If you don’t articulate or enunciate clearly, no one is going to understand a word of what you are saying.
Learn how to articulate your various vocal muscles together by tagging along with the speakers in this video:
5 classic tongue twisters:
- Unique New York, unique New York, unique New York.
- A big black bug bit a big black bear.
- She sells seashells by the sea shore.
- Peter Piper picked a peck of pickled peppers.
- How much wood could a woodchuck chuck if a woodchuck could chuck wood?
There are a number of troublesome consonants that you’ll want to master your pronunciation before you step up to the microphone. Speaking each of these tongue twisters out loud serves as a fantastic pre-recording vocal warm up:
Betty bought a bit of butter, but she found the butter bitter, so Betty bought a bit of better butter to make the bitter butter better.
Did Doug dig David’s garden or did David dig Doug’s garden?
Do drop in at the Dewdrop Inn.
Four furious friends fought for the phone.
Five flippant Frenchmen fly from France for fashions.
How was Harry hastened so hurriedly from the hunt?
In Hertford, Hereford and Hampshire hurricanes hardly ever happen.
James just jostled Jean gently.
Jack the jailbird jacked a jeep.
Kiss her quick, kiss her quicker, kiss her quickest.
My cutlery cuts keenly and cleanly.
Larry sent the latter a letter later.
Lucy lingered, looking longingly for her lost lap dog.
You know New York, you need New York, you know you need unique New York.
Peter Piper picked a peck of pickled peppers. If Peter Piper picked a peck of pickled peppers, where’s the peck of pickled peppers that Peter Piper picked?
Quick kiss. Quicker kiss. Quickest kiss.
Quickly, quickly, quickly, quickly, quickly…
Round the rugged rocks the ragged rascal ran.
Reading and writing are richly rewarding.
Theophilus Thistler, the thistle sifter, in sifting a sieve of unsifted thistles, thrust three thousand thistles through the thick of his thumb.
Ten tame tadpoles tucked tightly in a thin tall tin.
Two toads, totally tired, trying to trot to Tewkesbury.
Vincent vowed vengeance very vehemently.
Vera valued the valley violets.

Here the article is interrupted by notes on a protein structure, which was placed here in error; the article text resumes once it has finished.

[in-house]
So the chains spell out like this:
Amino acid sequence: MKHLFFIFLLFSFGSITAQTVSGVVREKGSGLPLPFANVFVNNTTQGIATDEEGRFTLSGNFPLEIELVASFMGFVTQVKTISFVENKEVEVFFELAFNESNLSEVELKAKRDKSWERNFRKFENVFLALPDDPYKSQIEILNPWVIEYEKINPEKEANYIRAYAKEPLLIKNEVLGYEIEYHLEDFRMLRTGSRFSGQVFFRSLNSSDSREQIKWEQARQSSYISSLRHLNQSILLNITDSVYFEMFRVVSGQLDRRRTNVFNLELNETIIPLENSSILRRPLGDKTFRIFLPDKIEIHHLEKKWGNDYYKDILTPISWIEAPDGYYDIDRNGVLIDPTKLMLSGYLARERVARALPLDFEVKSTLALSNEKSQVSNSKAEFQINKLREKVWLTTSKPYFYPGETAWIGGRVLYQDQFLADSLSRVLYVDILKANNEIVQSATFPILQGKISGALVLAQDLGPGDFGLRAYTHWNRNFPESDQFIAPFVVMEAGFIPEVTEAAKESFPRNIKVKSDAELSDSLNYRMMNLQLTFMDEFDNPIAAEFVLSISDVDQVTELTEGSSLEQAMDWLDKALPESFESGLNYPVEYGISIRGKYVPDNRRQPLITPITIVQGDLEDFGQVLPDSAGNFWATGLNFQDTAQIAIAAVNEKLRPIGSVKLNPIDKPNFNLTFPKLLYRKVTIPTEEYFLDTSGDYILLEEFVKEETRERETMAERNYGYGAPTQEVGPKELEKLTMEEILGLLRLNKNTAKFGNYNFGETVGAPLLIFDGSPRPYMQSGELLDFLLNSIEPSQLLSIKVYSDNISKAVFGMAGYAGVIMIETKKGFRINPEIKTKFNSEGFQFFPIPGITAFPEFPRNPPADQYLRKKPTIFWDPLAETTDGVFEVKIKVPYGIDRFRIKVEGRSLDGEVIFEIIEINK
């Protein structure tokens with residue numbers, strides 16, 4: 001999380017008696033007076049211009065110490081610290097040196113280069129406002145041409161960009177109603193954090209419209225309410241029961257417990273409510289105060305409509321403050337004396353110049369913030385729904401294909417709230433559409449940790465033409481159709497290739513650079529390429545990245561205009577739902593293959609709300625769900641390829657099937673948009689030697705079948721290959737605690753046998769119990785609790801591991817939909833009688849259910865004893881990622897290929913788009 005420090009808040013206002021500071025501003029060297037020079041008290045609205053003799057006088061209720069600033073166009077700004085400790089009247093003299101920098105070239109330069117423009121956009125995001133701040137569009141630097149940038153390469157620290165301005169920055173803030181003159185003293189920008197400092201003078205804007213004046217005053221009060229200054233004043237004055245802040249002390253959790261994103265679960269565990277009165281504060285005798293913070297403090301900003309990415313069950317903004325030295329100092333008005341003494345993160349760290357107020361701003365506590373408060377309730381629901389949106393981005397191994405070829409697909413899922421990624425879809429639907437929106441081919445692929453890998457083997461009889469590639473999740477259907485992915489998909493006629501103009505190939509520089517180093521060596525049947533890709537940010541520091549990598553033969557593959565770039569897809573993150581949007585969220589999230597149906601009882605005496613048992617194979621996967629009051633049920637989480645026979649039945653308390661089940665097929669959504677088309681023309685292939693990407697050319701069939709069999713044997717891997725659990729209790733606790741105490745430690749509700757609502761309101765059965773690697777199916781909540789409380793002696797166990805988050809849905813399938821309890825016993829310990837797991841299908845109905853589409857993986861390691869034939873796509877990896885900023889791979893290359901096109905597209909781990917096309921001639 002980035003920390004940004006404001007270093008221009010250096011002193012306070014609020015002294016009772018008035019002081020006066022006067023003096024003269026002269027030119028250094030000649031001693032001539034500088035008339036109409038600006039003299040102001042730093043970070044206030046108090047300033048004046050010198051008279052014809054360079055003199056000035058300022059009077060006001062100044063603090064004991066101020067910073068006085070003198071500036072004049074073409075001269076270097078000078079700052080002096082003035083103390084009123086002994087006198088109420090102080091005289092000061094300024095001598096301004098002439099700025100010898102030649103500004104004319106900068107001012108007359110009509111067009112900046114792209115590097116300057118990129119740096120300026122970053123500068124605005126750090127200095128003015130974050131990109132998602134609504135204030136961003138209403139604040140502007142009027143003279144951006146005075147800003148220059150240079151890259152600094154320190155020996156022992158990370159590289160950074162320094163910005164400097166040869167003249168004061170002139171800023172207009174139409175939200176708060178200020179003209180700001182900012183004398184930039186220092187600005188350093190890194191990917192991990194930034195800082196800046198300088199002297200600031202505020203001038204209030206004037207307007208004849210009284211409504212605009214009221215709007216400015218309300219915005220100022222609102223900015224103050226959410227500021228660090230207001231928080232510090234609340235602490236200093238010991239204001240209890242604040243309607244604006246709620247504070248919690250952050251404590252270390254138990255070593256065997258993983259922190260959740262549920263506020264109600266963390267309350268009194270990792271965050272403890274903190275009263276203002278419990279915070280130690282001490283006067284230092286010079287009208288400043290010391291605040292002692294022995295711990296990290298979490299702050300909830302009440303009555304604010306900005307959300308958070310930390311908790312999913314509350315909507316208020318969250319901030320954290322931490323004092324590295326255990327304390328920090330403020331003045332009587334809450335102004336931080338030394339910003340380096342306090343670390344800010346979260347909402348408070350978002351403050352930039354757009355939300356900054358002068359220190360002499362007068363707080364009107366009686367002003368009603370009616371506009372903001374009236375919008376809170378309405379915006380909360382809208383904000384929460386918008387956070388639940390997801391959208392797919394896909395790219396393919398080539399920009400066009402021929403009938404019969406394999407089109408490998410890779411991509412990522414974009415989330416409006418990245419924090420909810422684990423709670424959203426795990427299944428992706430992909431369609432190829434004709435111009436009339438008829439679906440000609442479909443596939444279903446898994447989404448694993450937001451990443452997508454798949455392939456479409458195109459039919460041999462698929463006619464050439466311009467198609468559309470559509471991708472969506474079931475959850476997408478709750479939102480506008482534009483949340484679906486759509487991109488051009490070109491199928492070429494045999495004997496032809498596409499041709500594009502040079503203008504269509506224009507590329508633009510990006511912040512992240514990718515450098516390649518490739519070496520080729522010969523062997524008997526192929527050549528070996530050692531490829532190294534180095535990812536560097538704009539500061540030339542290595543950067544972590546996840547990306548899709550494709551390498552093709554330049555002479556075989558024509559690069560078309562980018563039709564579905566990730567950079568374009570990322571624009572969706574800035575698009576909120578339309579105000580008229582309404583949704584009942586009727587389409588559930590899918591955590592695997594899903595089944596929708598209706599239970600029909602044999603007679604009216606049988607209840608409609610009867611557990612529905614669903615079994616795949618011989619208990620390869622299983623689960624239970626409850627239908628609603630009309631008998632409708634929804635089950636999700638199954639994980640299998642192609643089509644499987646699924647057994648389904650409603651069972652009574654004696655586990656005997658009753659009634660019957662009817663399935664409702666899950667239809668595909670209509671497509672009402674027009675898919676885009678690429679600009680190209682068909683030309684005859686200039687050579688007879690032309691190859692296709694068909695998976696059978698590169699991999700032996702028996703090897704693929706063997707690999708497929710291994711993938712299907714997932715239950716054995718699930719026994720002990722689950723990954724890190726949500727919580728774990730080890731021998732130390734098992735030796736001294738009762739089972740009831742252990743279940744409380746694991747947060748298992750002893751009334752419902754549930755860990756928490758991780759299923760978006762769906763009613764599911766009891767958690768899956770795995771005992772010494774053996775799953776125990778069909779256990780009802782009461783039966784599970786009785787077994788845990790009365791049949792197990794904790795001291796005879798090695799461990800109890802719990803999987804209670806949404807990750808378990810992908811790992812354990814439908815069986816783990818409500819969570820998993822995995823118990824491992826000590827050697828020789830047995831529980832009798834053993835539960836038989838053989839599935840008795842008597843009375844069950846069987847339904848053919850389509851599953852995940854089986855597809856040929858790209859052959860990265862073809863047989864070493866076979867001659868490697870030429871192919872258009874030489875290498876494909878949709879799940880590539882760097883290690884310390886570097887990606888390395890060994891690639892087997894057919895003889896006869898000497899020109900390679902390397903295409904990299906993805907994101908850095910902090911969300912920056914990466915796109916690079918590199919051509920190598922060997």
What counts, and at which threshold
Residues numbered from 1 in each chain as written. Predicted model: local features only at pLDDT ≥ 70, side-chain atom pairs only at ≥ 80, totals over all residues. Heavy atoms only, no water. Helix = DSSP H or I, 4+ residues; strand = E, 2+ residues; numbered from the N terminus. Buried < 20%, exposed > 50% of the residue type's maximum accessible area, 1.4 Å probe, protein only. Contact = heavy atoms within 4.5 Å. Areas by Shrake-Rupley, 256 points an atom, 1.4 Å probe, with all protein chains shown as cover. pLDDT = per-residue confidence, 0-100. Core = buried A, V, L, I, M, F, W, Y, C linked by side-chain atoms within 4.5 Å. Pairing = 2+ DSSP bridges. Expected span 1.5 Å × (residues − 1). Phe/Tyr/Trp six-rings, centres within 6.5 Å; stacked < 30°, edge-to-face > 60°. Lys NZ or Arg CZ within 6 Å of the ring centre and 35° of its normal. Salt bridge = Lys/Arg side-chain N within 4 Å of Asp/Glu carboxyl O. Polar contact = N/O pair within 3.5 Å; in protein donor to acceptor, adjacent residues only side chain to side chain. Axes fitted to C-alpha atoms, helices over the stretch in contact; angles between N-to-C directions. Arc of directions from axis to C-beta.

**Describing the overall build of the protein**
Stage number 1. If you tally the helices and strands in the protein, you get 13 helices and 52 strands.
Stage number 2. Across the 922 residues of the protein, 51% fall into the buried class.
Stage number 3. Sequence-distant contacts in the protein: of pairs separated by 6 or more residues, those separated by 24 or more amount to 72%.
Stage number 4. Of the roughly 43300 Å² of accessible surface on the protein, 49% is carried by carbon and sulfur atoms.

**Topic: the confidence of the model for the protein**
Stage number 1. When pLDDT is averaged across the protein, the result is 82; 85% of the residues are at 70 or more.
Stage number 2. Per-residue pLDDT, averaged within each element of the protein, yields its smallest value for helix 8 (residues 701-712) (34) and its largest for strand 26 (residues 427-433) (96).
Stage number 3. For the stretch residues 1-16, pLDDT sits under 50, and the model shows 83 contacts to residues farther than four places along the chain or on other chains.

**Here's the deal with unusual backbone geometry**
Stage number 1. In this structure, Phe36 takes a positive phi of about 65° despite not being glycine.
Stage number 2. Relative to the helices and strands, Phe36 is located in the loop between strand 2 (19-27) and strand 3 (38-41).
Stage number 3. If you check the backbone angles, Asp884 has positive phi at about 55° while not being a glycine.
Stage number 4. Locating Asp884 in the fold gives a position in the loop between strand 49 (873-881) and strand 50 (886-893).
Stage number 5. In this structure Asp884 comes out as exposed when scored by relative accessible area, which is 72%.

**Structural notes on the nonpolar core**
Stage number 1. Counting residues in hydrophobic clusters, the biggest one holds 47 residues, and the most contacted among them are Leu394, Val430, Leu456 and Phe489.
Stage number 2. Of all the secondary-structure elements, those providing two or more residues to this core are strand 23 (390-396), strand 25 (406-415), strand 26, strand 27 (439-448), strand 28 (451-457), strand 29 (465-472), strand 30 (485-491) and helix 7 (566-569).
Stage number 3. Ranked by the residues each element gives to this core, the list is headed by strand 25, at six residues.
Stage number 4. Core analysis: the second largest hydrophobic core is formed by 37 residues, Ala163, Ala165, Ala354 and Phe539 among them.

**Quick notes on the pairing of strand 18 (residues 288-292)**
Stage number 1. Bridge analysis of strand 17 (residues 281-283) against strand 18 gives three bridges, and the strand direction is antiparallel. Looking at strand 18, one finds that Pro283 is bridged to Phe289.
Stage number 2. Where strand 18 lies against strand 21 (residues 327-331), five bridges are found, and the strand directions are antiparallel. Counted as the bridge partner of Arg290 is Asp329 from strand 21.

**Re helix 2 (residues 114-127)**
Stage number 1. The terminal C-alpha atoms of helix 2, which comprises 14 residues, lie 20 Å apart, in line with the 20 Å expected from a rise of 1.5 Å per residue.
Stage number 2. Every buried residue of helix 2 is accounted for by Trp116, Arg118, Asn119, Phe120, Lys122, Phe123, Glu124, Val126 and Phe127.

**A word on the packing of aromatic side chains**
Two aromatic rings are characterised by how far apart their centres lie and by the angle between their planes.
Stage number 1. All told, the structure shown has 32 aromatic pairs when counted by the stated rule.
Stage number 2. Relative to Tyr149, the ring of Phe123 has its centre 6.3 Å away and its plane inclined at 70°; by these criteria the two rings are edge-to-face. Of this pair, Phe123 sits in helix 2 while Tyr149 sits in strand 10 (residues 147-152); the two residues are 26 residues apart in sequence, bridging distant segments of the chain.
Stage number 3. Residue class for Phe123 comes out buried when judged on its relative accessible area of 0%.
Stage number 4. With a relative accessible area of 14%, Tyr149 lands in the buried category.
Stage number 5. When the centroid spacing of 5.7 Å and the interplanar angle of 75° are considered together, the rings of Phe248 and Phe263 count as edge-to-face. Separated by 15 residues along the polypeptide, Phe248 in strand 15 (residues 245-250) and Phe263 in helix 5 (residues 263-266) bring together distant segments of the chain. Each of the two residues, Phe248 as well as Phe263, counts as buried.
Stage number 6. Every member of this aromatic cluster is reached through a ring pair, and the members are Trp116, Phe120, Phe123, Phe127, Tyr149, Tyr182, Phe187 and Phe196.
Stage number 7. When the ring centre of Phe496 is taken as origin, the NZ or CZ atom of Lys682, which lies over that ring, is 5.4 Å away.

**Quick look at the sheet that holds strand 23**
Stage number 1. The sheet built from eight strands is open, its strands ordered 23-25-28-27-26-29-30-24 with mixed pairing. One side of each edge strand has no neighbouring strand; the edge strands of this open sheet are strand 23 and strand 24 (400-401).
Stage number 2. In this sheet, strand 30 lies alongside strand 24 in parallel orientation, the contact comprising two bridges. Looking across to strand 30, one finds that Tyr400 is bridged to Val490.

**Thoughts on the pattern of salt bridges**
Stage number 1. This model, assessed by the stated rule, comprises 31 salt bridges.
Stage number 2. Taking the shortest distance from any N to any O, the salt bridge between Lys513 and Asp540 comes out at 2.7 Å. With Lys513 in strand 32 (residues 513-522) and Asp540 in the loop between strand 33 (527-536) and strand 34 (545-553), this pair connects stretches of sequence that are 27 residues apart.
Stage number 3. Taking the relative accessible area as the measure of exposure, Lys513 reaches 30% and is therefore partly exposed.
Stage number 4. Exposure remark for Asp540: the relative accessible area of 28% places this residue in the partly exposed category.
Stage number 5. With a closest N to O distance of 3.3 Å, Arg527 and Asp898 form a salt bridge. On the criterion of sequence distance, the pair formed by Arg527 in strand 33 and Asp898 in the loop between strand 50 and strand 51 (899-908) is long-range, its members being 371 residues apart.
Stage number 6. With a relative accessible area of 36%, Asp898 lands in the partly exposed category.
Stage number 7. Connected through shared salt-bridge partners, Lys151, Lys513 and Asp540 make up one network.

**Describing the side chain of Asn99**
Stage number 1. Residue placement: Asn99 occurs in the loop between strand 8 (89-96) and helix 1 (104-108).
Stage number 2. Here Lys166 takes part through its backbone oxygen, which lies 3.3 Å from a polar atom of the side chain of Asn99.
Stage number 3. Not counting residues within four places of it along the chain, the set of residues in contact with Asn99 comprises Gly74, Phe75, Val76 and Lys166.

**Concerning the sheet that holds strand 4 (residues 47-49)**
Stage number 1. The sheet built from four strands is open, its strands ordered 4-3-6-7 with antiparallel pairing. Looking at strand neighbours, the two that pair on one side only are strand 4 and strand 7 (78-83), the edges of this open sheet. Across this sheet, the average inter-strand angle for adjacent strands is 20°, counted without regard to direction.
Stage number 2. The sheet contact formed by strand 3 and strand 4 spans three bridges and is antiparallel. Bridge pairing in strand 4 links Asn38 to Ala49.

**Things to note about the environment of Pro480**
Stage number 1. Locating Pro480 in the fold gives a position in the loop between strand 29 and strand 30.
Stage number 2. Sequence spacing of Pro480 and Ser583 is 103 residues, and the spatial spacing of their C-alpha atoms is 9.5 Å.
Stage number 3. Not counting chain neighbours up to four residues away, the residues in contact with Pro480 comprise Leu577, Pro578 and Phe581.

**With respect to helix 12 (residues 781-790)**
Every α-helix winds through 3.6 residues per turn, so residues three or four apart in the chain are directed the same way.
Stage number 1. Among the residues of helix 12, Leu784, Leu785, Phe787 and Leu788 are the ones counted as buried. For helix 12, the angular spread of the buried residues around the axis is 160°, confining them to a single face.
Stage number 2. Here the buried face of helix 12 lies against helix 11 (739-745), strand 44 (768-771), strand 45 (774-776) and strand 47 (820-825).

Vocal Warm Up Exercise 6: Yawn
Now that you’ve warmed up your resonators and articulators, let’s address range.
Yawning naturally drops your jaw and regulates oxygen, while extending your soft palate.
In this interview with Time Magazine, Morgan Freeman reveals that yawning is part of the secret behind his very successful voice.
“If you’re looking to improve the sound of your voice, yawn a lot,” Freeman suggests. “It relaxes your throat muscles. It relaxes your vocal cords. And as soon as they relax, the tone drops. The lower your voice is, the better you sound.”
Bonus tip: With more oxygen flowing up to your brain, you’ll also find that you are more alert.
How to Do a Yawn-Sigh
Learning how to properly do a yawn-sigh can be a wonderful trick to add to your vocal warmup toolbox.
- Step 1: Open your mouth as if to yawn.
- Step 2: Slide all the way down from the top of your vocal range to the lowest grumble you can muster.
- Step 3: You’ll know when you bottom out.
However, you should only do this exercise a few times as a part of each vocal warmup routine. You should never start with this one, and it’s often best to leave it until the end when you have already exercised your voice.
This singer offers some great instruction and background information regarding the importance of integrating yawning into your vocal warmup routine:
Bonus Vocal Warm Up Tips
Some other tips to consider to ensure that you get the most of your vocal warmups include:
Get a good night’s sleep
It may go without saying, but you can never underestimate the power of getting in a good sleep the night before a recording (the suggested amount is eight hours, if you can swing it).
In addition to being well-rested, a well-conditioned, lubricated voice is the best preparation for warming up at the crack of dawn. This means staying sufficiently hydrated, even well before you’ll be called on to perform. Room temperature water is a voice actor’s best friend! At the same time, alcohol and caffeine will detract from your hydration levels and impact your vocal performance, so be sure to steer clear of consuming liquids containing either of these ahead of a recording.
Do your vocal warm ups in the shower
If you’re a multitasker, you can probably fit your warm ups into your morning shower routine. The acoustics will be great and warm water is a plus. The humidity will also help, since the moisture will coat and help protect your throat, vocal cords, and more.
Get even more tips and tricks on vocal warm ups that will properly prepare you for your next performance, and make your next recording session as productive as can be in this interview with vocal coach Susan Berkley.
Do you have any vocal warmups to add?
What vocal warm ups work for you?
Let us know your tips, tricks, techniques, and tongue twisters in the comments!